Searching for clues in the Rhine water

Each day, a large number of products is manufactured at the Ludwigshafen site. And whether it is used for cooling, flushing or as a raw material, water always plays a part in the process. If something appears in the water that does not belong there, Disruption Management is informed and the team sets out to get to the bottom of the matter. 

Every day, approximately 5 million cubic meters of water from the Rhine flow through the cooling water pipes. As a comparison: An Olympic swimming pool “only” contains 2,500 m³. This cooling water is not polluted and is piped back into the river. Over 30 measuring stations across the site check and ensure that the water is neither too warm, nor polluted.


Waste water is also tested

The waste water which is treated in the BASF waste water treatment plant must also be inspected. It cannot contain any substances in amounts which could damage the waste water treatment plant. The treated water amounts to approximately 300,000 cubic meters per day. The majority of this comes from BASF, with the rest coming from Ludwigshafen and Frankenthal. “We ensure that we find disorders as quickly as possible and solve them,” said Harald Elpel from Disruption Management (ESE/WM). “If we find any deviations, we set out to find the cause.”

Online monitoring in the inlet to the waste water treatment plant provides the first warning, with the samplers on the main waste water canal which runs parallel to the Rhine along the site providing additional data. If potential errors are detected there, the team then immediately takes water samples which are then examined in the laboratory. Once the substance has been specified, it is possible to determine which plants in which sector of the site could be the source of the pollution. These plants then provide samples with their waste water, enabling the team to determine which substance entered the waste water from which plant. “Good cooperation between the plants and Disruption Management is paramount here,” said Elpel. “Depending on the location of the plant, we only have between one and three hours before the waste water reaches the treatment plant.” If it is not immediately clear which plant is responsible, the source has to be honed in on by inspecting each canal to see if pollution is present – painstaking detective work under real time pressure.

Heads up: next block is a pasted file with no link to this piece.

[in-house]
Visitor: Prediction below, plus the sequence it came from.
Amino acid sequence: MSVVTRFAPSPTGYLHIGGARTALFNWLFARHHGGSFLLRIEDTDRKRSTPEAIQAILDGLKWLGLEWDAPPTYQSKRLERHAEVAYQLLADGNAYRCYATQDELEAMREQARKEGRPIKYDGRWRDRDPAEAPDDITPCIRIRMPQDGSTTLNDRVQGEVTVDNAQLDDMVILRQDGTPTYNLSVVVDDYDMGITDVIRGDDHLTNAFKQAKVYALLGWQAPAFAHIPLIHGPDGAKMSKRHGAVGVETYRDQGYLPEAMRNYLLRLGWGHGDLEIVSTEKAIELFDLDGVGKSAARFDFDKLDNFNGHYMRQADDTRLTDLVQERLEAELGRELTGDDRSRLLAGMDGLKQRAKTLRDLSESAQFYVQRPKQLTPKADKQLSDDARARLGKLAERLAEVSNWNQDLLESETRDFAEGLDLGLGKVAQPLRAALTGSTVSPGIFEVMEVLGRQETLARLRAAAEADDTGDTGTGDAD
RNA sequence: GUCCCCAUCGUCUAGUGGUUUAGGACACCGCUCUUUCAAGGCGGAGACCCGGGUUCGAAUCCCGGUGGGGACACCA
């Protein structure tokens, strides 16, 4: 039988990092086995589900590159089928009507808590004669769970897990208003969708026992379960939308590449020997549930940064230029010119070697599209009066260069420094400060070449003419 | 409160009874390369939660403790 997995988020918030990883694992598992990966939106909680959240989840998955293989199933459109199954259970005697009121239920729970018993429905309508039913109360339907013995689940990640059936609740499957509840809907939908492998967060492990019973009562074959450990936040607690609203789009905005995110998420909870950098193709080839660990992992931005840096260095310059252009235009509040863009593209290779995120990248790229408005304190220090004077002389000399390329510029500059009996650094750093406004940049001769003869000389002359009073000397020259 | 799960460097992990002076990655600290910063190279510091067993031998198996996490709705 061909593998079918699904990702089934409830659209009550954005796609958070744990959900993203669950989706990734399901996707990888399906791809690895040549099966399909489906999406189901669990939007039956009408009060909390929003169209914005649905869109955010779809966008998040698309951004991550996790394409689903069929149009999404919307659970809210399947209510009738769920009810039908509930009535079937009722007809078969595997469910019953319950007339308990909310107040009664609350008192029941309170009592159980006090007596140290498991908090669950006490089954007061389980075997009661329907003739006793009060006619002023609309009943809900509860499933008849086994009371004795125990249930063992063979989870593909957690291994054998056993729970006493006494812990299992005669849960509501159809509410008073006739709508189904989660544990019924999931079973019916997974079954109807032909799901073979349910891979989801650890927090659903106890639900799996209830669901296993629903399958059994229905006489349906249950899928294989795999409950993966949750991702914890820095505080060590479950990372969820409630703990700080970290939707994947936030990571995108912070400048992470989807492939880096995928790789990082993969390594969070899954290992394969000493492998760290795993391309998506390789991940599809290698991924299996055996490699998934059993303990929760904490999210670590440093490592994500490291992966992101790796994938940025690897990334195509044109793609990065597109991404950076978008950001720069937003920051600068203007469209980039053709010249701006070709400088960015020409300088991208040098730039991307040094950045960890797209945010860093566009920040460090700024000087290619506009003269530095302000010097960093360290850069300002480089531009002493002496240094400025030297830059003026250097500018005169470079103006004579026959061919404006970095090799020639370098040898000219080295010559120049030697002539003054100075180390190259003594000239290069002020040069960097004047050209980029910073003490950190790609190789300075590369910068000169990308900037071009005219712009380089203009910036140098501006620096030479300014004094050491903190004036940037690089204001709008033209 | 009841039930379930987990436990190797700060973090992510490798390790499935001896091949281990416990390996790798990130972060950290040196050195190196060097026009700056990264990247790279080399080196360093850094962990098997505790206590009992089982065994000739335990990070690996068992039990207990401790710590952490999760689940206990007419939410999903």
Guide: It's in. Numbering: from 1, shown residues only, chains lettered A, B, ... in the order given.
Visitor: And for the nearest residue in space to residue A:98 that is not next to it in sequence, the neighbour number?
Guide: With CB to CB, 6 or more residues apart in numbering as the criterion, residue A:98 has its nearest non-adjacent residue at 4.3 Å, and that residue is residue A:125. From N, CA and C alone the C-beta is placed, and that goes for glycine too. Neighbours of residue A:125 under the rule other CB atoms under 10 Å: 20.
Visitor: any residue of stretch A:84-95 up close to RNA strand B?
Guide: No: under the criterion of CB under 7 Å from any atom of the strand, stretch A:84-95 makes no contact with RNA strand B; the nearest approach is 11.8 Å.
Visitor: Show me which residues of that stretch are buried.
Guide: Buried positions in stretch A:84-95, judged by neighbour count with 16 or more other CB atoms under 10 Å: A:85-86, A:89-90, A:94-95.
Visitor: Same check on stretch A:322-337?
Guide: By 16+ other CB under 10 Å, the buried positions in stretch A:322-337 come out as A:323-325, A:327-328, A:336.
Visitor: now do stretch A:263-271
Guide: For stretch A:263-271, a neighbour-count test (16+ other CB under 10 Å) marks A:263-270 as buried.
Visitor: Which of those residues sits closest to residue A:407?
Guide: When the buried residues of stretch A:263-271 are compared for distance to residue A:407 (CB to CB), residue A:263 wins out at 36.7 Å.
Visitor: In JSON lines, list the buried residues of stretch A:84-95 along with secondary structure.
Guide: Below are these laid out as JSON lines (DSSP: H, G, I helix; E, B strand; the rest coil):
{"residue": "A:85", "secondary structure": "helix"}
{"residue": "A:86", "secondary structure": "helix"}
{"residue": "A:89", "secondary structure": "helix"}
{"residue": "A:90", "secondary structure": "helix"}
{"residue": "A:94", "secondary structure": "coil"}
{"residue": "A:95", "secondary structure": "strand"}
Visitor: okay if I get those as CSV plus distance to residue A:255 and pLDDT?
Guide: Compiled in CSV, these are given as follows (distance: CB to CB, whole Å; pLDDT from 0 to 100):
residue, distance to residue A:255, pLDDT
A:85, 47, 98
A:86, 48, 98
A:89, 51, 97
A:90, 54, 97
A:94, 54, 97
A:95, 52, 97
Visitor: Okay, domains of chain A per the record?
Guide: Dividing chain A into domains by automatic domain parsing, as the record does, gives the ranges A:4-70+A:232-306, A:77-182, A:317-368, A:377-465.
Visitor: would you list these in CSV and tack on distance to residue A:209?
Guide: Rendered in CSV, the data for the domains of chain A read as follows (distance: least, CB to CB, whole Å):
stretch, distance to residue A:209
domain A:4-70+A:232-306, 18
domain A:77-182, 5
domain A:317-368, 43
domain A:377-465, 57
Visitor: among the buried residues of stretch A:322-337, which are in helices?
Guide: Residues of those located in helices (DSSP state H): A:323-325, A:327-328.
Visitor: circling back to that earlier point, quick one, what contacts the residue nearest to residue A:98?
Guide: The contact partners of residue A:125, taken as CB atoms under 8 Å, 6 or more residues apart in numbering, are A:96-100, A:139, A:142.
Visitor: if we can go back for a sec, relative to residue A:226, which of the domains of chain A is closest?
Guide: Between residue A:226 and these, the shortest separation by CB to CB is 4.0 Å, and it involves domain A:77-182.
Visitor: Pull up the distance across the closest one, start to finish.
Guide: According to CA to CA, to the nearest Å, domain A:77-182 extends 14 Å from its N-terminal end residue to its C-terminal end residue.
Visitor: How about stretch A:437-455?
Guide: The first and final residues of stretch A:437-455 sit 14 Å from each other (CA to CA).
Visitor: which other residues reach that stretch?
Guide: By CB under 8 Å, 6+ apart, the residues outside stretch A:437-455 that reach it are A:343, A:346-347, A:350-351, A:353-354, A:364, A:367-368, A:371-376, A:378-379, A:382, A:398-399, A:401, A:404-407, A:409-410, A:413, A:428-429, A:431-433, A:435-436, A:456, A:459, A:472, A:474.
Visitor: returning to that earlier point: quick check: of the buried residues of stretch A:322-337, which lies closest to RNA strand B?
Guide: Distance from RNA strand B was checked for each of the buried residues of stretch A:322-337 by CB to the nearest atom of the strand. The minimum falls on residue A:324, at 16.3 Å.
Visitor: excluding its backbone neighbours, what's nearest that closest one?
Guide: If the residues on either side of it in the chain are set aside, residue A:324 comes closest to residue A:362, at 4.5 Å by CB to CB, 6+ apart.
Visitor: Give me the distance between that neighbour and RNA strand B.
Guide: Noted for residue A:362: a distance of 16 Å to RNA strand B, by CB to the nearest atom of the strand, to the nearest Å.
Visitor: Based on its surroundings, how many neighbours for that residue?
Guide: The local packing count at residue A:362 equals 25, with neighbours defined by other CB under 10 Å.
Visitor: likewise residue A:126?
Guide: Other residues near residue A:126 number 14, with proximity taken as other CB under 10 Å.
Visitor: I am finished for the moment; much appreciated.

After all, if the waste water treatment plant is not properly prepared, excessive concentrations of certain substances could harm the microorganisms in the plant. Elpel explains: “It is therefore all the more important that we know that something is coming as soon as possible. The colleagues at the waste water treatment plant can then divert the affected waste water into storage basins and, once the substance has been identified, either treat the waste water separately, or pipe it into the waste water treatment plant in tolerable doses. This means the waste water treatment plant can continue to run safely and smoothly.”